Andrews has urged people not to come together, be it for celebrations or protests.
“It’s not about what you’re meeting for, it’s about, are you meeting in a safe way?” Mr Andrews said.
“(The Invasion Day march) is not a sitting event and the judgment of the public health team, not the politicians, could not be made safely.”
Opposition leader David Davis called Andrews’s approach a “clear double standard.”
But a service will be held at dawn on “Invasion Day”, with the backing of Melbourne City Council.
“I don’t think the world should stop because of COVID, we just have to do it differently,” said Jill Gallagher, a former Treaty Commissioner.
“It remains important to convey a message about what Australia Day means to us as Aboriginal peoples.”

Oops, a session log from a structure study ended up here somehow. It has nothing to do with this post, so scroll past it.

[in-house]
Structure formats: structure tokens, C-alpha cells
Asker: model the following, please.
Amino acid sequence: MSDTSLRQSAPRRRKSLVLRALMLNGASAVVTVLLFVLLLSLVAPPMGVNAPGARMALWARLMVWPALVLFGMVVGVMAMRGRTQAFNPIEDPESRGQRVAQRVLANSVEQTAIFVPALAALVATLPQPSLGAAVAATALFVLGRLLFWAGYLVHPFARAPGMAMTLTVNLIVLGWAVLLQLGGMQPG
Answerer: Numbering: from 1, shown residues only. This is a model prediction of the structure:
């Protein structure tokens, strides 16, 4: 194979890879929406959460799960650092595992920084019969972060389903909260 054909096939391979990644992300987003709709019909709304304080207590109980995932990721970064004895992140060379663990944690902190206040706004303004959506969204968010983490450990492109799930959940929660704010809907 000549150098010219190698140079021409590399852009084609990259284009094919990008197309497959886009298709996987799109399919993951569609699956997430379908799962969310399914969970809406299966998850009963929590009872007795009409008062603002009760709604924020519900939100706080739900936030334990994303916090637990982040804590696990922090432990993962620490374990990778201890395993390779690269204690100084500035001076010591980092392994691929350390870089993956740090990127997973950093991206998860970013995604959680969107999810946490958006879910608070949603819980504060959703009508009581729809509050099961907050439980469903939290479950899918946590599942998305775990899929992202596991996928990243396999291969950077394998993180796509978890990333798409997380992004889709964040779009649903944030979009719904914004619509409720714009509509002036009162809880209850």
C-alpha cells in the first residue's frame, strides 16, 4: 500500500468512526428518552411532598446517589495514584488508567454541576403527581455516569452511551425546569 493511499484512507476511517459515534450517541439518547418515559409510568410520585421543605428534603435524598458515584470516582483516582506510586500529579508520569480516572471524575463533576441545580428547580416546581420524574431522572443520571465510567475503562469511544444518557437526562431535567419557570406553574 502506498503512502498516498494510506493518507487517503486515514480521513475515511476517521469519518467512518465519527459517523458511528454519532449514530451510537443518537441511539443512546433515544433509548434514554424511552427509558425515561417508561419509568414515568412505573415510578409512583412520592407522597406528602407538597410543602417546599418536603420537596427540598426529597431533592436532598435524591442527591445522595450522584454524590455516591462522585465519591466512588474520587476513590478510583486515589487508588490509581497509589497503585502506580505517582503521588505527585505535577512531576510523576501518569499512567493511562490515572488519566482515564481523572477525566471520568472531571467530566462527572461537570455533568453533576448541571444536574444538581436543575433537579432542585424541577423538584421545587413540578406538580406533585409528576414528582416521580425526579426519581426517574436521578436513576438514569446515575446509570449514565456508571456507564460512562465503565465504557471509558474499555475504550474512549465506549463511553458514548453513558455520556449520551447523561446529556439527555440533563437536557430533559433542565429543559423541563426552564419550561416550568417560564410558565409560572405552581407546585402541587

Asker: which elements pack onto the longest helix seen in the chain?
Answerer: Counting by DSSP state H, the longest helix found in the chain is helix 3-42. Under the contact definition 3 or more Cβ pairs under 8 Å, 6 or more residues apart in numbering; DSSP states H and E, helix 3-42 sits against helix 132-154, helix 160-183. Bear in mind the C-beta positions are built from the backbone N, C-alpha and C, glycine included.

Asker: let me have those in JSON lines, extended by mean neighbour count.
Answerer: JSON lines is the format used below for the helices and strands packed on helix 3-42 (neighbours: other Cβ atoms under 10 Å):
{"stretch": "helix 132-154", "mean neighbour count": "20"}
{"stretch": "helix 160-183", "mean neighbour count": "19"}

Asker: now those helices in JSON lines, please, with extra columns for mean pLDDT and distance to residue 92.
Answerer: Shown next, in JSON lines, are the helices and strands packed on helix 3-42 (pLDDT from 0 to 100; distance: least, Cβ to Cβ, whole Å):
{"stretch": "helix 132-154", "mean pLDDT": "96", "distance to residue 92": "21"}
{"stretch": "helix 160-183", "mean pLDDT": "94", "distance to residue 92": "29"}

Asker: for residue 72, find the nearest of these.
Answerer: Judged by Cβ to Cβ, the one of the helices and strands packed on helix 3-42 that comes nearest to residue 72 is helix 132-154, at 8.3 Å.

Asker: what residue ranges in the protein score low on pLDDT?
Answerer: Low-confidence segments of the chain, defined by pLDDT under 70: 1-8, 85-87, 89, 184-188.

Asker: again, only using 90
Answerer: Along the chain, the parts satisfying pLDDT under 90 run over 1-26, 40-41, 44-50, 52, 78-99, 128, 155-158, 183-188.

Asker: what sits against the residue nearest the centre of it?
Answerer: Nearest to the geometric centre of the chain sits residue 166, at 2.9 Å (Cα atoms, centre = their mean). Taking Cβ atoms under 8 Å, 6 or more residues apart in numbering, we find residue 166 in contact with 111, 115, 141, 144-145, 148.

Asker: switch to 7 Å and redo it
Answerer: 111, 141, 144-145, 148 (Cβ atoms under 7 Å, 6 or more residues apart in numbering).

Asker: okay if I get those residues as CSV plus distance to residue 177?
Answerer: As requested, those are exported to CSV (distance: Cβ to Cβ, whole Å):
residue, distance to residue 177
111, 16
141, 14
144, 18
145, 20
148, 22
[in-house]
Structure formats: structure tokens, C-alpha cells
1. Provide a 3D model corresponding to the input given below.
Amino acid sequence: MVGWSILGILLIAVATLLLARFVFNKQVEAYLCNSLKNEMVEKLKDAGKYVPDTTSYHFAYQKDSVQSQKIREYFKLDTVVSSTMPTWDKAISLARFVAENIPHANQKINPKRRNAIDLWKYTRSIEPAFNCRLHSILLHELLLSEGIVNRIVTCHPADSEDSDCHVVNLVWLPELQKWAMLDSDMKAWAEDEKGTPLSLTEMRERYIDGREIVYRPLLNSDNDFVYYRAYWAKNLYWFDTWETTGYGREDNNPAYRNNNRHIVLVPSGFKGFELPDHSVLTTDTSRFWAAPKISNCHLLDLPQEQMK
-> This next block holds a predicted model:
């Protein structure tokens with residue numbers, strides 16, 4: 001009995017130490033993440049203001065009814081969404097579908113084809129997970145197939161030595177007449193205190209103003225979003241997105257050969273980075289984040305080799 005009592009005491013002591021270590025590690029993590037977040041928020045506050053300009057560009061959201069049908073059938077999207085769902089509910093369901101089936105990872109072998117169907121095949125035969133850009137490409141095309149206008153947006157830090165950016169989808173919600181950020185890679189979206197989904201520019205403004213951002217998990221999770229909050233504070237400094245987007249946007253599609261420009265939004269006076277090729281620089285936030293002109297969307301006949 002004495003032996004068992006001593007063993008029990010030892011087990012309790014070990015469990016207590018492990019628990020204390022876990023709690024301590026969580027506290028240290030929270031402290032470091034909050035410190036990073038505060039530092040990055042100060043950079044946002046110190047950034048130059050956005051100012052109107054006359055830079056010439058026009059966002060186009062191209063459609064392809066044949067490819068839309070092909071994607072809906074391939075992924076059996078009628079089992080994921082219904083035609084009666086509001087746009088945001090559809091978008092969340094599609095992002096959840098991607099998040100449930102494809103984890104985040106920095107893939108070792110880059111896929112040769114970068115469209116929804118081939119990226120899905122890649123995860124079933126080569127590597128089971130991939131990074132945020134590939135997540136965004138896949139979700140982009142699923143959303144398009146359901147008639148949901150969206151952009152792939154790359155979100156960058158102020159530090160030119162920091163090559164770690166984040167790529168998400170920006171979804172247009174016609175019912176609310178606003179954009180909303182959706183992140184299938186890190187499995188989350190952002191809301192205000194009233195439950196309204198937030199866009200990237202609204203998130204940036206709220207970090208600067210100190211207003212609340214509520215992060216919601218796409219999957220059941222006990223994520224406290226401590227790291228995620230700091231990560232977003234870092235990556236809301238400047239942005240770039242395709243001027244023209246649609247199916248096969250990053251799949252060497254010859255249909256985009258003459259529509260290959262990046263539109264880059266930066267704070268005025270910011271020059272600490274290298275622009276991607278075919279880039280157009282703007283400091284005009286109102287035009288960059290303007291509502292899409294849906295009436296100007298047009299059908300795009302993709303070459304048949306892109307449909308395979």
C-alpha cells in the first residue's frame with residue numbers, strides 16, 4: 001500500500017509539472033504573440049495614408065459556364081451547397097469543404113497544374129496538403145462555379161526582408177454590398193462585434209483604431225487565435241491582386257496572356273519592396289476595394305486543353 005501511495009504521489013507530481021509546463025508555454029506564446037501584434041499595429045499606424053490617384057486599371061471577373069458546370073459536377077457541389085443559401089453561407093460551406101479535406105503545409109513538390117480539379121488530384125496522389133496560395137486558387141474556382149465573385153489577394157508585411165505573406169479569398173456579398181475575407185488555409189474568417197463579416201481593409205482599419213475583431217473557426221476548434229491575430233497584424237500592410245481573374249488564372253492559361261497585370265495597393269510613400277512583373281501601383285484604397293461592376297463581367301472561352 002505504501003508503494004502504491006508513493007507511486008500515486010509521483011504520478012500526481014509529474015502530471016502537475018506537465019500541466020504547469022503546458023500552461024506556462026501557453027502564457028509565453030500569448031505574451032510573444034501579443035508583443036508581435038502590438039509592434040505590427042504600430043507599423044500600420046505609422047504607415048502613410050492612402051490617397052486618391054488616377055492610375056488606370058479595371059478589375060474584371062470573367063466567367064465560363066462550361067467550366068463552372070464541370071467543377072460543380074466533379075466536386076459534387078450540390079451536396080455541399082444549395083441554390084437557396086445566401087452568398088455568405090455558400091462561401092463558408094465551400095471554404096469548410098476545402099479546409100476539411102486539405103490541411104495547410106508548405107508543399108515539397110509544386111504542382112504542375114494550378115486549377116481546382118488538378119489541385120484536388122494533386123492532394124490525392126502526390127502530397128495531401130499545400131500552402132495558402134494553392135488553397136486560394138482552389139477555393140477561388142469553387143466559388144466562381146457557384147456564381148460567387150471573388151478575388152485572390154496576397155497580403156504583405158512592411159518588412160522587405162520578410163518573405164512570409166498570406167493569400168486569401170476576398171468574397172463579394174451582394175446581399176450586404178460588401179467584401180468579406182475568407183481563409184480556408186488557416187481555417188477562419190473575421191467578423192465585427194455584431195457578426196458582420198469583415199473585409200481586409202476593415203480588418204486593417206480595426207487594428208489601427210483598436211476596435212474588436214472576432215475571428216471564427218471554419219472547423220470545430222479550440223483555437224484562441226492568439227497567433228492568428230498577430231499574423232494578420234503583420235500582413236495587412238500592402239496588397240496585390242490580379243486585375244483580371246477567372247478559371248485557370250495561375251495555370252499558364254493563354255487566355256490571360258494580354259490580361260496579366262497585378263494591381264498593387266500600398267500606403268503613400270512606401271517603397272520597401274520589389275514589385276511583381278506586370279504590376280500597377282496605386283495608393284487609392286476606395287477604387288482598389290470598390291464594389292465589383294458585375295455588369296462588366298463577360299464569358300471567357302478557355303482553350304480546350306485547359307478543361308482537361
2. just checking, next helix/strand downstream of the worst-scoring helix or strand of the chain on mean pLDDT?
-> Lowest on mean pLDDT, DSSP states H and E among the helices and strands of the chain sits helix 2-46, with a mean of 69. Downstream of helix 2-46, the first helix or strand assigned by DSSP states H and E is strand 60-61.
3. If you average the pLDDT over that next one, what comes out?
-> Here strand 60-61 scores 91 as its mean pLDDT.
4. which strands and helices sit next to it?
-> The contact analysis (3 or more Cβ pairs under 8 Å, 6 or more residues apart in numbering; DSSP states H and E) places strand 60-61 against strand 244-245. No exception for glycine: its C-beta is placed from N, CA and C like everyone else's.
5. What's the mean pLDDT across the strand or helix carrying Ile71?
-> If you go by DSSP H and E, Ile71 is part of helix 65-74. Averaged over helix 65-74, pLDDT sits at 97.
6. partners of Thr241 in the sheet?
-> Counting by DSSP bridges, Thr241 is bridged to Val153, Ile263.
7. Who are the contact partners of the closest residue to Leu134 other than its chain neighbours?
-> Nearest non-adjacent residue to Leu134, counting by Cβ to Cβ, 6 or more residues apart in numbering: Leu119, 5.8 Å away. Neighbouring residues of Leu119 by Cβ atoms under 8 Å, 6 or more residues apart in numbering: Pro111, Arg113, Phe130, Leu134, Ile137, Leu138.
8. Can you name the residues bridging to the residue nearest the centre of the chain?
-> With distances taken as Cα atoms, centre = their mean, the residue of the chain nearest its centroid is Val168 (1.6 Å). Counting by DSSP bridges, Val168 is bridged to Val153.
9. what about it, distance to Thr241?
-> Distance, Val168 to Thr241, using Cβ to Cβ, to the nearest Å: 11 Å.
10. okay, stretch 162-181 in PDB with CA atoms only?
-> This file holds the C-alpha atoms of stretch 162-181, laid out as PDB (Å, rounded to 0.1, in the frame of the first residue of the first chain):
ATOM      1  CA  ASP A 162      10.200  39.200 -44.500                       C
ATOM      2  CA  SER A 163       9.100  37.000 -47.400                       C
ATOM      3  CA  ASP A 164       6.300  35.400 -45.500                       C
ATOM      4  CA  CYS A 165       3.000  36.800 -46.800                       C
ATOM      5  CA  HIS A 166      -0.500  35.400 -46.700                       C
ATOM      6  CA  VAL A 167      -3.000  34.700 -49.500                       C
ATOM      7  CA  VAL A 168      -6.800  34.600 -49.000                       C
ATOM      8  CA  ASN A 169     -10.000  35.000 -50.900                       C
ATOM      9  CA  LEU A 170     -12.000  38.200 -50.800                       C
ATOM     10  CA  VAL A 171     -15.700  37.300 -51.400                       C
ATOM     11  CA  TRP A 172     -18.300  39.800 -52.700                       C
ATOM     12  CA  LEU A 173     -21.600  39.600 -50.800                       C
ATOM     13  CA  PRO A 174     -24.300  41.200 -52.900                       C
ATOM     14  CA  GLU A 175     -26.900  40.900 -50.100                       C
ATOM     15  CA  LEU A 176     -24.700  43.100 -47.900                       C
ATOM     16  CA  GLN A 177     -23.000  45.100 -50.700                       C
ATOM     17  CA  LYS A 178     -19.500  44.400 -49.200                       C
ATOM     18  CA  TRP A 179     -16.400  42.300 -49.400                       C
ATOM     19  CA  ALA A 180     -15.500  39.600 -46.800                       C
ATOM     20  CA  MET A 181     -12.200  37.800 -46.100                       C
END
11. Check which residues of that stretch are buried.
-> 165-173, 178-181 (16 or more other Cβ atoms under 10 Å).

Outdoor gatherings in Melbourne are currently limited to 100 people, but exemptions can be granted for public events as long as the organizers submit a COVID safe plan.
All attendees must be registered and must maintain social distance.
“The sunrise ceremony is a way to support an event that reflects that ancient Australian history,” said Melbourne Mayor Sally Capp.
The service at Kings Domain will be broadcast to 250 seated people with COVID council and marshals organization QR codes.
Intelligence services have suggested that people on both sides of the political spectrum are planning protests.
“There will be zero tolerance for any antisocial or criminal behavior,” said a Victoria Police spokesman.